Technology

Uber Revises Privacy Policy, Wants More Data From Users

Slashdot - 2 hours 11 min ago
itwbennett tips news that Uber has amended its privacy policy, making it much simpler to read and understand. But the policy also includes changes to what data Uber collects about its riders. Beginning July 15th, the Uber phone app will keep track of a rider's location while it's running in the background. Uber says riders will be able to opt out of this tracking. The policy changes also allow for advertising using the rider's contact list: "for example the ability to send special offers to riders' friends or family." The revision of Uber's privacy policy followed complaints at the end of last year that the company was overstepping its bounds.

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Categories: Technology

Today's Best Deals: Summer Grilling, Fresh Leftovers, New 3DS XL

Lifehacker.com - 2 hours 49 min ago

Here are the best of today’s deals. Get every great deal every day on Kinja Deals, follow us on Facebook and Twitter to never miss a deal, join us on Kinja Gear to read about great products, and on Kinja Co-Op to help us find the best.

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The Underground Hacking Economy

Slashdot - 2 hours 55 min ago
Fast Company profiles the rise of sites like Hackers List and Hackers For Hire, which provide consolidated markets for people to hire hackers to break passwords, alter databases, learn to operate malware, and more. People with the skills to circumvent security are putting themselves out there as freelancers for specific tasks, and people in need of their services are posting notices asking for help. Law enforcement agencies are warning about this new type of behavior, saying it's often illegal, and facilitated by online anonymity and cryptocurrencies like Bitcoin. The number of deals currently being made through these sites remains small, but it's growing — particularly among business seeking to gain an advantage over competitors in other countries.

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Categories: Technology

15 Surprising Things You Can Make in a Rice Cooker

Lifehacker.com - 3 hours 17 sec ago

Despite its name, the rice cooker is not a single-minded kitchen unitasker. Sure, it is the easiest way to make perfect rice, but it’s also a convenient way to cook a wide variety of foods. Here are a few examples that might just convince you to invest in a rice cooker or use yours more often.

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Crowdfunded, Solar-powered Spacecraft Goes Silent

Slashdot - 3 hours 38 min ago
Last week saw the successful launch of the Planetary Society's LightSail spacecraft, the solar-powered satellite that runs Linux and was crowdfunded on Kickstarter. The spacecraft worked flawlessly for two days, but then fell silent, and the engineering team has been working hard on a fix ever since. They've pinpointed the problem: a software glitch. "Every 15 seconds, LightSail transmits a telemetry beacon packet. The software controlling the main system board writes corresponding information to a file called beacon.csv. If you're not familiar with CSV files, you can think of them as simplified spreadsheets—in fact, most can be opened with Microsoft Excel. As more beacons are transmitted, the file grows in size. When it reaches 32 megabytes—roughly the size of ten compressed music files—it can crash the flight system." Unfortunately, the only way to clear that CSV file is to reboot LightSail. It can be done remotely, but as anyone who deals with crashing computers understands, remote commands don't always work. The command has been sent a few dozen times already, but LightSail remains silent. The best hope may now be that the system spontaneously reboots on its own.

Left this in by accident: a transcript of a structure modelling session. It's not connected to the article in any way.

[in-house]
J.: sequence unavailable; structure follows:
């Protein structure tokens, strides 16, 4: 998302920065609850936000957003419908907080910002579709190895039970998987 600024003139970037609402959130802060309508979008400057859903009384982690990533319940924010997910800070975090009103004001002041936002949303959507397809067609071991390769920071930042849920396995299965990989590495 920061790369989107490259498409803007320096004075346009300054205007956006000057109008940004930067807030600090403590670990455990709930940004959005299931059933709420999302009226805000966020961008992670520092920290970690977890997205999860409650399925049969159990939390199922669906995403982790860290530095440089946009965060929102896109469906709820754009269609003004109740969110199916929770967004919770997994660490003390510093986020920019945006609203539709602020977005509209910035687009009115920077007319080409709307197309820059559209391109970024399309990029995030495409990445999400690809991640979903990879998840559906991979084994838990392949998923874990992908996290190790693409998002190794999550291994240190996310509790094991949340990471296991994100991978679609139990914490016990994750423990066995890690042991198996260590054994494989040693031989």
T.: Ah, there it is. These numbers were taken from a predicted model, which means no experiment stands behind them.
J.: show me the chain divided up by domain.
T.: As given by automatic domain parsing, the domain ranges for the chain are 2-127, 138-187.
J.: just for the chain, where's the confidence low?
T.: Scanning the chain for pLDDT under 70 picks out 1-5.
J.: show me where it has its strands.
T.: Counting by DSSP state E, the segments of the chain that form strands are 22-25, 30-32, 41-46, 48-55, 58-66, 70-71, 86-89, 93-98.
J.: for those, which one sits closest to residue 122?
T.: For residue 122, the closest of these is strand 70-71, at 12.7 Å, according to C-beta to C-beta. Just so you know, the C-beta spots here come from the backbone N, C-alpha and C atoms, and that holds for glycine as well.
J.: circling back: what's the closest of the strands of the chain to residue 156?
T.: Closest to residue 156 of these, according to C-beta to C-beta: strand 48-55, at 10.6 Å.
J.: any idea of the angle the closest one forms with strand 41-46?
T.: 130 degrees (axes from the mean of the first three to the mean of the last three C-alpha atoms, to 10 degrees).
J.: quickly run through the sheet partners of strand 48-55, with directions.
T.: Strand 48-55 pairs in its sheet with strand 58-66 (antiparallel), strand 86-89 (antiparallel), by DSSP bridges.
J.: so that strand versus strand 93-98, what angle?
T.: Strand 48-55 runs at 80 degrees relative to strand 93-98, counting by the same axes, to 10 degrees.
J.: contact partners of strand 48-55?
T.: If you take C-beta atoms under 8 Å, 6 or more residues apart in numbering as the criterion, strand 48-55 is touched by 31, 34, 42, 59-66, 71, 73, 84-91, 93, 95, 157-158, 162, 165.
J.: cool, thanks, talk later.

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Categories: Technology

PSA: Make Sure You Have a Good Ice Pack in Your Freezer

Lifehacker.com - 4 hours 17 sec ago

If you’re spending more time outdoors as the weather warms up, a good ice pack can come in handy, whether you use it to soothe burns or injuries, or just want to keep cool. Now’s the time to put a good one in your freezer, and the Paradice P500 is a great option.

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Hacked Emails Reveal Russian Plans To Obtain Sensitive Western Tech

Slashdot - 4 hours 20 min ago
blando writes: A trove of emails provided to The Intercept detail Russian schemes to obtain a crucial component for military thermal-imaging systems. Though emails about the thermal imaging systems date back as far as 2006, the plans to acquire them began in earnest much more recently, in 2013. To try to hide Russian involvement, a company called Cyclone established a new company in the Republic of Cyprus. They did so with the help of a company called Rayfast, which was owned by three other companies itself. After obfuscating the new company's ownership and military ties, they reached out to several Western companies who worked with the technology.

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Categories: Technology

Use a Takeout Menu as the Contact Photo for a Restaurant

Lifehacker.com - 4 hours 30 min ago

Ordering takeout isn’t exactly difficult, but why not make it easier? Take a photo of a menu and make it the restaurant’s contact photo on your phone. Next time you’re craving takeout, you can skip searching for the menu in your junk drawer.

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Lobster Butter: An Awesome Use For Leftover Shells

Lifehacker.com - 4 hours 30 min ago

Summer’s unofficially arrived, and with it, lobster season. Next time you splurge on the crustaceans, bear in mind the best way to get all the meat out of them — and don’t throw away those shells, because you can use them to make a fantastic lobster butter.

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How Much to Ask for When You're Negotiating Salary

Lifehacker.com - 5 hours 17 sec ago

Negotiating your salary isn’t easy. And one of the biggest hurdles is knowing how much to ask for. As a general rule of thumb, your number should be 10 to 20 percent more than what you’re earning now.